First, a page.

Face-to-face assessments for health and disability benefits have resumed after being suspended due to the pandemic. However, claimants can still request telephone or paper based assessments for work capability Industrial Injuries Benefit or Personal Independence Payment claims.

The return of face-to-face assessments is good news for some Universal Credit and Employment Support Allowance claimants, who have been waiting many months after being told that their work capability assessment can only be completed by means of a face-to-face meeting. Depending on the outcome of the assessment, benefit payments could increase and large amounts of arrears paid. But if attending an assessment venue is problematic for you then a home visit can be requested - if there is supporting medical evidence of the need.

Providing good supporting evidence at an early stage in the claim (or benefit review) can reduce the chance of the need for a face-to-face assessment. This could be letters from consultants, occupational or physio therapists, your GP or even a friend or carer. The evidence should provide as much detail as possible about your diagnosis, medication and should relate to the relevant criteria for the benefit being assessed for.

If you are asked to attend a face-to-face assessment but are unable to do so or feel uncomfortable doing so, you should contact the assessment provider as soon as possible.  The assessment providers are companies contracted by the Department of Work and Pensions to provide reports and opinions to the benefit decision makers. If the assessment provider still decides that a face-to-face assessment is needed then you should seek advice, as benefits could be disallowed if you do not attend.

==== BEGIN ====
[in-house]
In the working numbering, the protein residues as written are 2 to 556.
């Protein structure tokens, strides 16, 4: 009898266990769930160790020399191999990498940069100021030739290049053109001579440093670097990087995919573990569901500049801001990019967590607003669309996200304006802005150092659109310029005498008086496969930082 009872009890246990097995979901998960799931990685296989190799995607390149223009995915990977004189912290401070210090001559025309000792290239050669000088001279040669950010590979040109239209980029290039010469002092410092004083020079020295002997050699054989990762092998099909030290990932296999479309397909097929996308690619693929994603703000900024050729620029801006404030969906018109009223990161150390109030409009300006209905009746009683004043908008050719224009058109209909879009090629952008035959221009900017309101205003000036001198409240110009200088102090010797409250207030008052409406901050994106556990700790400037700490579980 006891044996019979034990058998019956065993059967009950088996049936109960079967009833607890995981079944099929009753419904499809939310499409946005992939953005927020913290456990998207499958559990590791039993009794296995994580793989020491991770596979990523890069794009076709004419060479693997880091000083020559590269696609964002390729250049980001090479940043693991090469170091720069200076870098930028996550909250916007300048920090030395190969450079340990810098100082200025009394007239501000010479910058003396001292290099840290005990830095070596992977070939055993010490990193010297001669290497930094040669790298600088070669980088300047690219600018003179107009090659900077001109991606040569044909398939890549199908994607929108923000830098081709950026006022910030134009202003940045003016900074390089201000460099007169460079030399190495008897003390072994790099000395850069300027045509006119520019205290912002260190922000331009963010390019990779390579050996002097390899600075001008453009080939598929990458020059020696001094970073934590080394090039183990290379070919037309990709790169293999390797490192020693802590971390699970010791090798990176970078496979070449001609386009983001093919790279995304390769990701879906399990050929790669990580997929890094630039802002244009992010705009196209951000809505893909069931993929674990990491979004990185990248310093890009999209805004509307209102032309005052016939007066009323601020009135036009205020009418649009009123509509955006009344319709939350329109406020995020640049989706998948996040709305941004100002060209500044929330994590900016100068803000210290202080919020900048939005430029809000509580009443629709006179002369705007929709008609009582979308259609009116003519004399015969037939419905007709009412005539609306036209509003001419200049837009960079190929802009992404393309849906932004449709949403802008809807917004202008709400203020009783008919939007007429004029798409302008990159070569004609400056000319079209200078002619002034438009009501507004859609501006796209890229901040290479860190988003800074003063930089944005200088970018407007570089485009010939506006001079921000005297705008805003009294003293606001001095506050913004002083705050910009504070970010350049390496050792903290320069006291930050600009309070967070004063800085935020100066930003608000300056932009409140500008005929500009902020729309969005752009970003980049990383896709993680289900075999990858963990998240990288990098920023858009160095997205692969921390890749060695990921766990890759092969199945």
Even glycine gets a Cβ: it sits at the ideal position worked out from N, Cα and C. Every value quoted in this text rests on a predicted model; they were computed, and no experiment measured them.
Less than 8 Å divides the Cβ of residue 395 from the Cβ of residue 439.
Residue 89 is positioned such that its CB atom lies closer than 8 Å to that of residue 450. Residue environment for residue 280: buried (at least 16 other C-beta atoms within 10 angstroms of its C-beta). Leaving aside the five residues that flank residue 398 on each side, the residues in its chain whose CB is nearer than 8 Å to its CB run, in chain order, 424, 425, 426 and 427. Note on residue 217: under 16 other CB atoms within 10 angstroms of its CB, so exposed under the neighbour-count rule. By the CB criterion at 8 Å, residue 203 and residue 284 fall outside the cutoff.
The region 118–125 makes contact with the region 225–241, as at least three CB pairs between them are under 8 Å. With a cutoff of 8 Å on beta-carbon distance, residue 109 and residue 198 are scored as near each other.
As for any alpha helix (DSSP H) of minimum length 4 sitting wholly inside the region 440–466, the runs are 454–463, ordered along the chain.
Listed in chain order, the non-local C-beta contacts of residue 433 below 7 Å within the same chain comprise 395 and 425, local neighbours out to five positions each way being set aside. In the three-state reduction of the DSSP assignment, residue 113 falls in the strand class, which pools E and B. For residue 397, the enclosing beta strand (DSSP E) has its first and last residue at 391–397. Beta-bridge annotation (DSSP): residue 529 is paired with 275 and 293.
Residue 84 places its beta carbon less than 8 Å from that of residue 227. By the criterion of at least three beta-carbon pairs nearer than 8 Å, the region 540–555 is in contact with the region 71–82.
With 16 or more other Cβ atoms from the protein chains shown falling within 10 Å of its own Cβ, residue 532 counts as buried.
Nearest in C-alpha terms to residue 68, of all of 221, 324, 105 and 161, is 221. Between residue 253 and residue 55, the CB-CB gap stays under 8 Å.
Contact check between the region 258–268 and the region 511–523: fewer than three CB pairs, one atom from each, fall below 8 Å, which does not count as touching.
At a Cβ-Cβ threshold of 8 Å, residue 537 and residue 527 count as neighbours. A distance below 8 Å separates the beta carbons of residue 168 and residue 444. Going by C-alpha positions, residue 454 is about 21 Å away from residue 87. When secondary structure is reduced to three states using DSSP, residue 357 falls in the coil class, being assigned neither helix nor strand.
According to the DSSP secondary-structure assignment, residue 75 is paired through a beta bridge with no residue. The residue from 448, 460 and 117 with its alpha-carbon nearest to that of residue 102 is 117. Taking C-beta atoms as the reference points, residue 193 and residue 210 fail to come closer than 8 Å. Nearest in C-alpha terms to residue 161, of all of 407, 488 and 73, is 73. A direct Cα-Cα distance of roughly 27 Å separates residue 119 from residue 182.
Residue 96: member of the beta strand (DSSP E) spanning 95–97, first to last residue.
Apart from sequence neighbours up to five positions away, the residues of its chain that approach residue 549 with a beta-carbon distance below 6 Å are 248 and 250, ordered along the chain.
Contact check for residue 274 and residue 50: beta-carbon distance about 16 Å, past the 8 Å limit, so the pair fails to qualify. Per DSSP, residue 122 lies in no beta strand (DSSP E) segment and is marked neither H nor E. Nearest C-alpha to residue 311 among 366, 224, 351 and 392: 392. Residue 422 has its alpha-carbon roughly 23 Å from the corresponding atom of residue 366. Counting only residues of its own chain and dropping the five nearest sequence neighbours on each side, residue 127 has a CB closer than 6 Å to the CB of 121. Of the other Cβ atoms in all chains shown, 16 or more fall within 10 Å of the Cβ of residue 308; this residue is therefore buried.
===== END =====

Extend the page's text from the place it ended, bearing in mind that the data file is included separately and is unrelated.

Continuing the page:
If you are worried about being Covid safe there is guidance on face-to-face assessments, including Covid protection measures at www.gov.uk. The guidance says that claimants should attend alone if possible but they are still allowed to have someone accompanying them for support; if they are accompanied by somebody from a different household (such as a friend or support worker) the assessment provider needs to be informed so they can make sure there is enough space to socially distance during the assessment. The advice is that face coverings should be worn at assessments unless exempt, and those who are exempt should notify the assessment providers in advance.

Assessment providers should not make physical contact with claimants during examinations, but will observe them from a distance (except for industrial injuries benefit assessments, which may involve physical examinations with contact using protective equipment).

If you are called in for an assessment and would like advice on this or another benefit issue Aspire Welfare Benefits may be able to assist. You can call on 020 8420 6711 or alternatively email on [email protected]

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